by Amanda Boorman
It has been announced by the Department for Education that the Adoption Support Fund (ASF) will be continued and enhanced for a further four years. As an adopter this surely has to be good news, so why does it feel a bit sad?
Being a charity that champions the rights of adopted people we know firsthand how much the right support can help children manage feelings of loss and trauma.
Of course adopters should be helped to care for children with additional need, as all parents should.
The trouble is, a one-off course of therapy, a parenting course or a camping holiday can’t fix the enormity of being born into a family that has failed or been failed, and as a result of this being permanently severed from that family
The right support via the ASF potentially enables adoptive parents to manage well the complexity of the emotions a child is experiencing alongside acknowledging and safely containing anger, anxiety and fear.
It is understood by most adopters that their adopted children may carry a legacy of dual identity, be disorientated or traumatised and may feel very scared and understandably angry. Good intentions of adopters is not the issue.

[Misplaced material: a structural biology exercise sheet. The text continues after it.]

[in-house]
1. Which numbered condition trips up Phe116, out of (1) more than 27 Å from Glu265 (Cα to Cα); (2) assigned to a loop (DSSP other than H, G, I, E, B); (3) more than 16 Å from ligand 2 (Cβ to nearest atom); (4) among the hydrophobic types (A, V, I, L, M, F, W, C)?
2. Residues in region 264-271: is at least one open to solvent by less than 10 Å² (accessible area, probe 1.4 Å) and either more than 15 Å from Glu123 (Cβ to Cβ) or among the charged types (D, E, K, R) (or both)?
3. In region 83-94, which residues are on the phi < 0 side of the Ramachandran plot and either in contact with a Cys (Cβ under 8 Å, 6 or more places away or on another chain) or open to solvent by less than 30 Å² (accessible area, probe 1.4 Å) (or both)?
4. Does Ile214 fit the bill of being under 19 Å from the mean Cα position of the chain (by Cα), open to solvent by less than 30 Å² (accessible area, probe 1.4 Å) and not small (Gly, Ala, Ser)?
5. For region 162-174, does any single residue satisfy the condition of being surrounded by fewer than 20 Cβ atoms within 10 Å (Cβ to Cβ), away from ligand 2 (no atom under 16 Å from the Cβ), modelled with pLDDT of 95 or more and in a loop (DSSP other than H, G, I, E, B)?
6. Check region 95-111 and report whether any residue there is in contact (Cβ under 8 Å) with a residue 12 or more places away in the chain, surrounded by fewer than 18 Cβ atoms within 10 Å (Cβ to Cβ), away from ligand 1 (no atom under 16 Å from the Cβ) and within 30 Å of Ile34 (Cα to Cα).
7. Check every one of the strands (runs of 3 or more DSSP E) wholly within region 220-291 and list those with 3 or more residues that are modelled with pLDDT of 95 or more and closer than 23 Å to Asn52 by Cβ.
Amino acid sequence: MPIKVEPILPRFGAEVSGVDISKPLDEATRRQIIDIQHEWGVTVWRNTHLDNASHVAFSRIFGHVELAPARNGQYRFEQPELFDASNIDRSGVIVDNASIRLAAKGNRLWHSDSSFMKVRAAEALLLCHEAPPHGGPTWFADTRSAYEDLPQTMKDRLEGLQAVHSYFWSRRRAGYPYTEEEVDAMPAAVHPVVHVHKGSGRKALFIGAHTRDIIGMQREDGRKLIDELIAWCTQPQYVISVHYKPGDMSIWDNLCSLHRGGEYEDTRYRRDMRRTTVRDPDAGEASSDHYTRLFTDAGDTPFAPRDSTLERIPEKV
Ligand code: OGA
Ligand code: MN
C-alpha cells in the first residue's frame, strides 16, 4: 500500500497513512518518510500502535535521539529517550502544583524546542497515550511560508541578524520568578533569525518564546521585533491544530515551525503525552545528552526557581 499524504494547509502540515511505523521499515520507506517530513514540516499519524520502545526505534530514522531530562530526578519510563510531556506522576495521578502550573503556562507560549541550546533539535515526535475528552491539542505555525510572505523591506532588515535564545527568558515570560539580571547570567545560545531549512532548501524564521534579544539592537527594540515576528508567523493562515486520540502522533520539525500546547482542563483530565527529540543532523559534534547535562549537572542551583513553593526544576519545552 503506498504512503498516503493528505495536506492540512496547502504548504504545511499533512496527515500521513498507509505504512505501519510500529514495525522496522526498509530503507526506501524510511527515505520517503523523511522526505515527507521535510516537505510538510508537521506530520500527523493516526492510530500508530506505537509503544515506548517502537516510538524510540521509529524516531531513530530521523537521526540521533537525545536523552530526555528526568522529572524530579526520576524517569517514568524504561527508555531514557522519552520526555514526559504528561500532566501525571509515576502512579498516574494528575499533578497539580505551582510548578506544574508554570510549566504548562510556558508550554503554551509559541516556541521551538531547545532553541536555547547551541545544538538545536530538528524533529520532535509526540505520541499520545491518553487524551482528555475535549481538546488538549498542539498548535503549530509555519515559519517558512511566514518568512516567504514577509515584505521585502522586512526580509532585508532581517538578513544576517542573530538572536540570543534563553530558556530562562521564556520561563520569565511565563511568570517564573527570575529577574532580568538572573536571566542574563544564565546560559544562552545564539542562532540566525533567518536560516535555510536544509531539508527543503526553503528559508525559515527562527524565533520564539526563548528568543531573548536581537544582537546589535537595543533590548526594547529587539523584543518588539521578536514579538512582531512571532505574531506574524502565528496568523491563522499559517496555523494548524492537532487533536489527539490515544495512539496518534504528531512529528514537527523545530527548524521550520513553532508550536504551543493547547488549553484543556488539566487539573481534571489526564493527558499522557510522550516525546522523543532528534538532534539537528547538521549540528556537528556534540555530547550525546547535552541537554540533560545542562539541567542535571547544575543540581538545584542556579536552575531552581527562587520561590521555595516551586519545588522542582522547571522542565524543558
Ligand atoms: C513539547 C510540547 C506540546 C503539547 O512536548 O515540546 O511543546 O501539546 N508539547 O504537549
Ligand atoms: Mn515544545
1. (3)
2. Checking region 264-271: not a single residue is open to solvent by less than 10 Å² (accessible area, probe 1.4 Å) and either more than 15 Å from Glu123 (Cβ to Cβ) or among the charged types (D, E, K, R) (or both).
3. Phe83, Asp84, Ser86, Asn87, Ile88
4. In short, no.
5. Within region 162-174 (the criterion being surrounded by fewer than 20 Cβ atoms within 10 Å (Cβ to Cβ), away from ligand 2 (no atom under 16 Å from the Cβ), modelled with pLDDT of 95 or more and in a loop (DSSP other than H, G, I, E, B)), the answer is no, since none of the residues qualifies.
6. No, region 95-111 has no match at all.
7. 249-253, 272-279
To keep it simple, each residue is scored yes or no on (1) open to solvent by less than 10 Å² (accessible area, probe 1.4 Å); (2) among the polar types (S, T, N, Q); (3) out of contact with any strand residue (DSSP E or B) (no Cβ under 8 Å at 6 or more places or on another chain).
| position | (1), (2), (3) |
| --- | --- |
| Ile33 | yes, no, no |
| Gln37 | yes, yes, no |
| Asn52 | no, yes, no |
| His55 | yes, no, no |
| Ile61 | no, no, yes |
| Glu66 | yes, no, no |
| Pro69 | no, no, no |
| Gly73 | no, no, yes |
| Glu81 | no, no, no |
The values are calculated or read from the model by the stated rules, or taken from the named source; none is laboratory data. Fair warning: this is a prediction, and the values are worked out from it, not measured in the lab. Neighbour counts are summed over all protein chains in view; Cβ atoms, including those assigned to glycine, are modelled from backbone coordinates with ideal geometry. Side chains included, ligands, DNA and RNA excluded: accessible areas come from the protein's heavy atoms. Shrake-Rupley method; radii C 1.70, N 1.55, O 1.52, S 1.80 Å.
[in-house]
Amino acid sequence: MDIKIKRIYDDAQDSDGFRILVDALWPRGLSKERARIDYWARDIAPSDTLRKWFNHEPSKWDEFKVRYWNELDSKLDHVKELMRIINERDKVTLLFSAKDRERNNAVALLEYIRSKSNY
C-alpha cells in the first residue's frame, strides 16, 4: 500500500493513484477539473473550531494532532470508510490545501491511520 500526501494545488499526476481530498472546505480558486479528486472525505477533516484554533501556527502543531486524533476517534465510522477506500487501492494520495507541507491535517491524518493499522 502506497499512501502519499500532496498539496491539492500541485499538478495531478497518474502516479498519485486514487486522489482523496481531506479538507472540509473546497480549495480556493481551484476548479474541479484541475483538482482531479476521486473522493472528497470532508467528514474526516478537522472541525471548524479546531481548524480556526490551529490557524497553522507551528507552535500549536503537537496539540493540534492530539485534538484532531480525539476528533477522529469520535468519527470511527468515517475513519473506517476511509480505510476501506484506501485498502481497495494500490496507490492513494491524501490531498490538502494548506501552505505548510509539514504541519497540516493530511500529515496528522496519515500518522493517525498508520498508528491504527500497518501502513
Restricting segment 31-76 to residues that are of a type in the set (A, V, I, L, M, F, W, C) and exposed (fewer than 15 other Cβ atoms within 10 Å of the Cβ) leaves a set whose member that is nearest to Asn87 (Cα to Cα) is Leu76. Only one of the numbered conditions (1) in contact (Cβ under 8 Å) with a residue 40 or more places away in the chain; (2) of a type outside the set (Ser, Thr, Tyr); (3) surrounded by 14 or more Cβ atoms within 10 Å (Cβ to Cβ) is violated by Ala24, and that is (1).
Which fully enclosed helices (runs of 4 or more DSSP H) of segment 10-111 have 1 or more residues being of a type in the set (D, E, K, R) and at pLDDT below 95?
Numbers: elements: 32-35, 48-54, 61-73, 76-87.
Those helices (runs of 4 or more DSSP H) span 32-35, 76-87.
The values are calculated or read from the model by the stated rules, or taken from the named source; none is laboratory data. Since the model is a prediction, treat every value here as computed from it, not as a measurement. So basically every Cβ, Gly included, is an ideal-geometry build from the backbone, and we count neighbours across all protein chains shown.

The issue is ingrained adoption rhetoric that positions prospective adopters, and adoption itself, as representing the ultimate salvation. Good families versus bad families is an over-simplification that still exists and within this lies the risk of pathologising adopted children’s emotional expression.
In financially favouring adoption within a hierarchy of support that includes support to birth families, children in care, kinship carers and foster families, the majority of children are being let down by inequality and adoptive families are at risk of being set up to fail. If you’ve been given the most and yet still experience problems, surely the problem must be you?
Adoption is not a one-off event that can be resolved by a subsequent intervention or two post adoption; it is a complex psychological situation that needs ongoing and individually based support throughout childhood. Neither does the legacy of adoption end at 18 years of age.